WFU Department of Physics Wake Forest University


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WFU Physics Colloquium

TITLE: Influence of Nanofiber Architecture and Mechanics on Lung Myofibroblasts

SPEAKER: Professor Joel Berry ,

Department of Biomedical Engineering
The University of Alabama at Birmingham

TIME: Wednesday October 23, 2013 at 4:00 PM

PLACE: Room 101 Olin Physical Laboratory

Refreshments will be served at 3:30 PM in the Olin Lounge. All interested persons are cordially invited to attend.


Idiopathic pulmonary fibrosis (IPF) is a progressive, lethal fibrotic lung disease with no proven pharmacological therapies at present. It is characterized by a progressive increase in extracellular matrix (ECM) deposition (primarily collagens) in the lung parenchyma, ultimately destroying normal lung architecture and function for gas exchange. Myofibroblasts are the primary cellular source for the ECM synthesis in fibrotic lungs. These cells are key effectors in lung fibrosis. Myofibroblasts are characterized by de novo synthesis of alpha-smooth muscle actin (alpha-SMA) and acquisition of contractile activity similar to smooth muscle cells. In response to alveolar epithelial injury, normal resident fibroblasts in the lung interstitium are activated and differentiated into myofibroblasts. In this current study, we examine fiber topology at the fibroblastic foci as a regulator of myofibroblastic phenotype. Electrospun nanofibers are comparable in size to collagen fibrils. We electrospun polycaprolactone (PCL) nanofibers with defined topological features. We observed that normal lung fibroblastsgrown on aligned PCL fibers expressed a significantly higher level of alpha-SMA than cells grown on random fibers, suggesting that the matrix fiber orientation regulates myofibroblast differentiation.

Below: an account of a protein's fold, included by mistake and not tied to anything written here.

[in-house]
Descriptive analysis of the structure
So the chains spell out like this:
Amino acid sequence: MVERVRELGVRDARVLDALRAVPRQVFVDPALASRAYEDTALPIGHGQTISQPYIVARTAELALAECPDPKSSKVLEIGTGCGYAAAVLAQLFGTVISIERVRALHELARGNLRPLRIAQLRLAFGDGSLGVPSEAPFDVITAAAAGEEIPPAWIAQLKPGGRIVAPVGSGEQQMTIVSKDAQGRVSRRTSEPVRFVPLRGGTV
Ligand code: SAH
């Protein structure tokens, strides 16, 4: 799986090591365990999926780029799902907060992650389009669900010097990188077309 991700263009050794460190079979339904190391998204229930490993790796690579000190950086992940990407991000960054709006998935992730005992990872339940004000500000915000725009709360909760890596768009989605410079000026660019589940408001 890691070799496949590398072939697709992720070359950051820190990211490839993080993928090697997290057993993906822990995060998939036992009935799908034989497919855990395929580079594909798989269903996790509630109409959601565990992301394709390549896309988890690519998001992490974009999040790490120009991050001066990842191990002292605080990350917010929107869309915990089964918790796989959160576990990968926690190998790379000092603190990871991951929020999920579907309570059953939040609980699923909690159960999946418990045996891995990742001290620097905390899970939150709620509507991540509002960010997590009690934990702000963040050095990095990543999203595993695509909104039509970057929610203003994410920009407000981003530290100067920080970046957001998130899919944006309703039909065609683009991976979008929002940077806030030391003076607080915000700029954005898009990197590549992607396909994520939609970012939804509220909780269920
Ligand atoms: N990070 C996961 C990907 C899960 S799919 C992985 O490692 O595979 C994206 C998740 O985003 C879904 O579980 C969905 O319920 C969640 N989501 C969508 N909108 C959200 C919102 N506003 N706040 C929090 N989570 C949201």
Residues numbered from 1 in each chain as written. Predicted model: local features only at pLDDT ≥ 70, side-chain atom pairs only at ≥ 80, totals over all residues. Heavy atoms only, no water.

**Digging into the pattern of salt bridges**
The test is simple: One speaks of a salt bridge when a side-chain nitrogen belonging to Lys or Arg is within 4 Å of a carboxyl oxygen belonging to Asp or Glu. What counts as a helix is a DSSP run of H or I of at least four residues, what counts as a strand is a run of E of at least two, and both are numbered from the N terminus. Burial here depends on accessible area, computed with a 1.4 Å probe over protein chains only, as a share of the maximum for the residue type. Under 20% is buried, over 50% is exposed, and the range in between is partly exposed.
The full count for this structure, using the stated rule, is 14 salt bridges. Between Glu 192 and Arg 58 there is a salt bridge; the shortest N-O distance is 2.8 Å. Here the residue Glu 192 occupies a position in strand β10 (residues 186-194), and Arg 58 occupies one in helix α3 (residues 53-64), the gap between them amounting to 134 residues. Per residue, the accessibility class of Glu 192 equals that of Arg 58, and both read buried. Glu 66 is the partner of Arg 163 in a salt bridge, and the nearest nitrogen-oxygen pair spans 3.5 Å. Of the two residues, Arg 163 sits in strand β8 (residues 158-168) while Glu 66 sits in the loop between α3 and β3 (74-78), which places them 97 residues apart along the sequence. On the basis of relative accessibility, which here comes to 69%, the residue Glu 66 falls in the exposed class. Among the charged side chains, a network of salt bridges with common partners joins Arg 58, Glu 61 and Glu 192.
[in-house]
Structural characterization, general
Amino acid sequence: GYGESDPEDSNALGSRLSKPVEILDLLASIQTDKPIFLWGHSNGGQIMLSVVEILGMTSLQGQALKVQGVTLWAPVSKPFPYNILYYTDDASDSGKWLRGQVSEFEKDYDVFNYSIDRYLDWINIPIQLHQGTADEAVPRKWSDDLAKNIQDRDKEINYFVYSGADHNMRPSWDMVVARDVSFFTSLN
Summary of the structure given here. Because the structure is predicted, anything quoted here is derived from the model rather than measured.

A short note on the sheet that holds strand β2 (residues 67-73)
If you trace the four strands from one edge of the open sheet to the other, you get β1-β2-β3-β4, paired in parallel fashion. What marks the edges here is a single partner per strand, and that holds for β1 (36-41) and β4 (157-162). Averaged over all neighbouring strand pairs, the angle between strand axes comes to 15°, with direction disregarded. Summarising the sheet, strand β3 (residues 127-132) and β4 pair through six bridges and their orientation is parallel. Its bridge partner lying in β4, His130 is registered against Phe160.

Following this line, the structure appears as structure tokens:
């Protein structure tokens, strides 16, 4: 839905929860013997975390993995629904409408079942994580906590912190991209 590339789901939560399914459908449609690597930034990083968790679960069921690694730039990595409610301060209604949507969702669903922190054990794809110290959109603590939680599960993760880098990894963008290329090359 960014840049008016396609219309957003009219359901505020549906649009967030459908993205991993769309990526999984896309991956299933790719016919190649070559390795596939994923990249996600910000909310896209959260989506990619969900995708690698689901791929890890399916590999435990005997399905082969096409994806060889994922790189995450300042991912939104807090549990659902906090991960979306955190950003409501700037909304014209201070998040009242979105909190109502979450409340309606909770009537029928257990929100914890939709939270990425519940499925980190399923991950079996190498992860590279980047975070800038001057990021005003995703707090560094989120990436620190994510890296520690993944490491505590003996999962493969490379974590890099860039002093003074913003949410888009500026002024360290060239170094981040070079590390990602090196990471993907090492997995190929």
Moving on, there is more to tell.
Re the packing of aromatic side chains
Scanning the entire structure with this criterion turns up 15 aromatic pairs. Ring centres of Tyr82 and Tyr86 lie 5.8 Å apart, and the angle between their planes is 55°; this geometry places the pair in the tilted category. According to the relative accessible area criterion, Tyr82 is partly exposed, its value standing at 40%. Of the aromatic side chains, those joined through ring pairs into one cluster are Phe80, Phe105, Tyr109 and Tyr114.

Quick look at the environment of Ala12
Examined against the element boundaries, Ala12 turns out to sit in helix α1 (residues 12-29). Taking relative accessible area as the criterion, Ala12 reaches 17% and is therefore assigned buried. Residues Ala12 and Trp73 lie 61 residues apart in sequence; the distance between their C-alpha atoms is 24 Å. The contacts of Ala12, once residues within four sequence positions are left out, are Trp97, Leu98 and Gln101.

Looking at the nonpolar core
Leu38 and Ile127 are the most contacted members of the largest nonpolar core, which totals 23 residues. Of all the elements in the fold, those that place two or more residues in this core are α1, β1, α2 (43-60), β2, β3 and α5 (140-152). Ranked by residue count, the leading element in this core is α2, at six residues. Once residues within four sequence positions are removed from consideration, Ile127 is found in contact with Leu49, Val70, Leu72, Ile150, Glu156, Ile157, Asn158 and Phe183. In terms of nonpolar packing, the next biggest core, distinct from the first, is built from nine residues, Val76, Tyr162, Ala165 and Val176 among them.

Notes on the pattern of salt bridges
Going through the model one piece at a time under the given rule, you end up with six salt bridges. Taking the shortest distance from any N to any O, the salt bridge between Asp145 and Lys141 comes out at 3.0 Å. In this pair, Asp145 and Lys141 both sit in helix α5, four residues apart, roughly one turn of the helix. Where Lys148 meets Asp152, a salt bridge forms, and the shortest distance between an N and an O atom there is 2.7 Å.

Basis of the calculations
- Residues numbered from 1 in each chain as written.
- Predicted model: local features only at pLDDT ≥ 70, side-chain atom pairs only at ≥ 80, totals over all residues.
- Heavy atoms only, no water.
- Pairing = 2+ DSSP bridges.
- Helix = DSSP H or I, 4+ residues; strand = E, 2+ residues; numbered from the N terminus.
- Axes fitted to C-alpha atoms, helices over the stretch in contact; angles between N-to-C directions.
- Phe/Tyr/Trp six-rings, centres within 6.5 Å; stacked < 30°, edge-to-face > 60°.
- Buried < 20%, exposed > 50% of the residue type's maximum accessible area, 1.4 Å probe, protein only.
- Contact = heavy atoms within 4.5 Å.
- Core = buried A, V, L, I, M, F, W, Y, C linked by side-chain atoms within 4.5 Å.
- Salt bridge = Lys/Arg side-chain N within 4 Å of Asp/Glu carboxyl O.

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100 Olin Physical Laboratory
Wake Forest University
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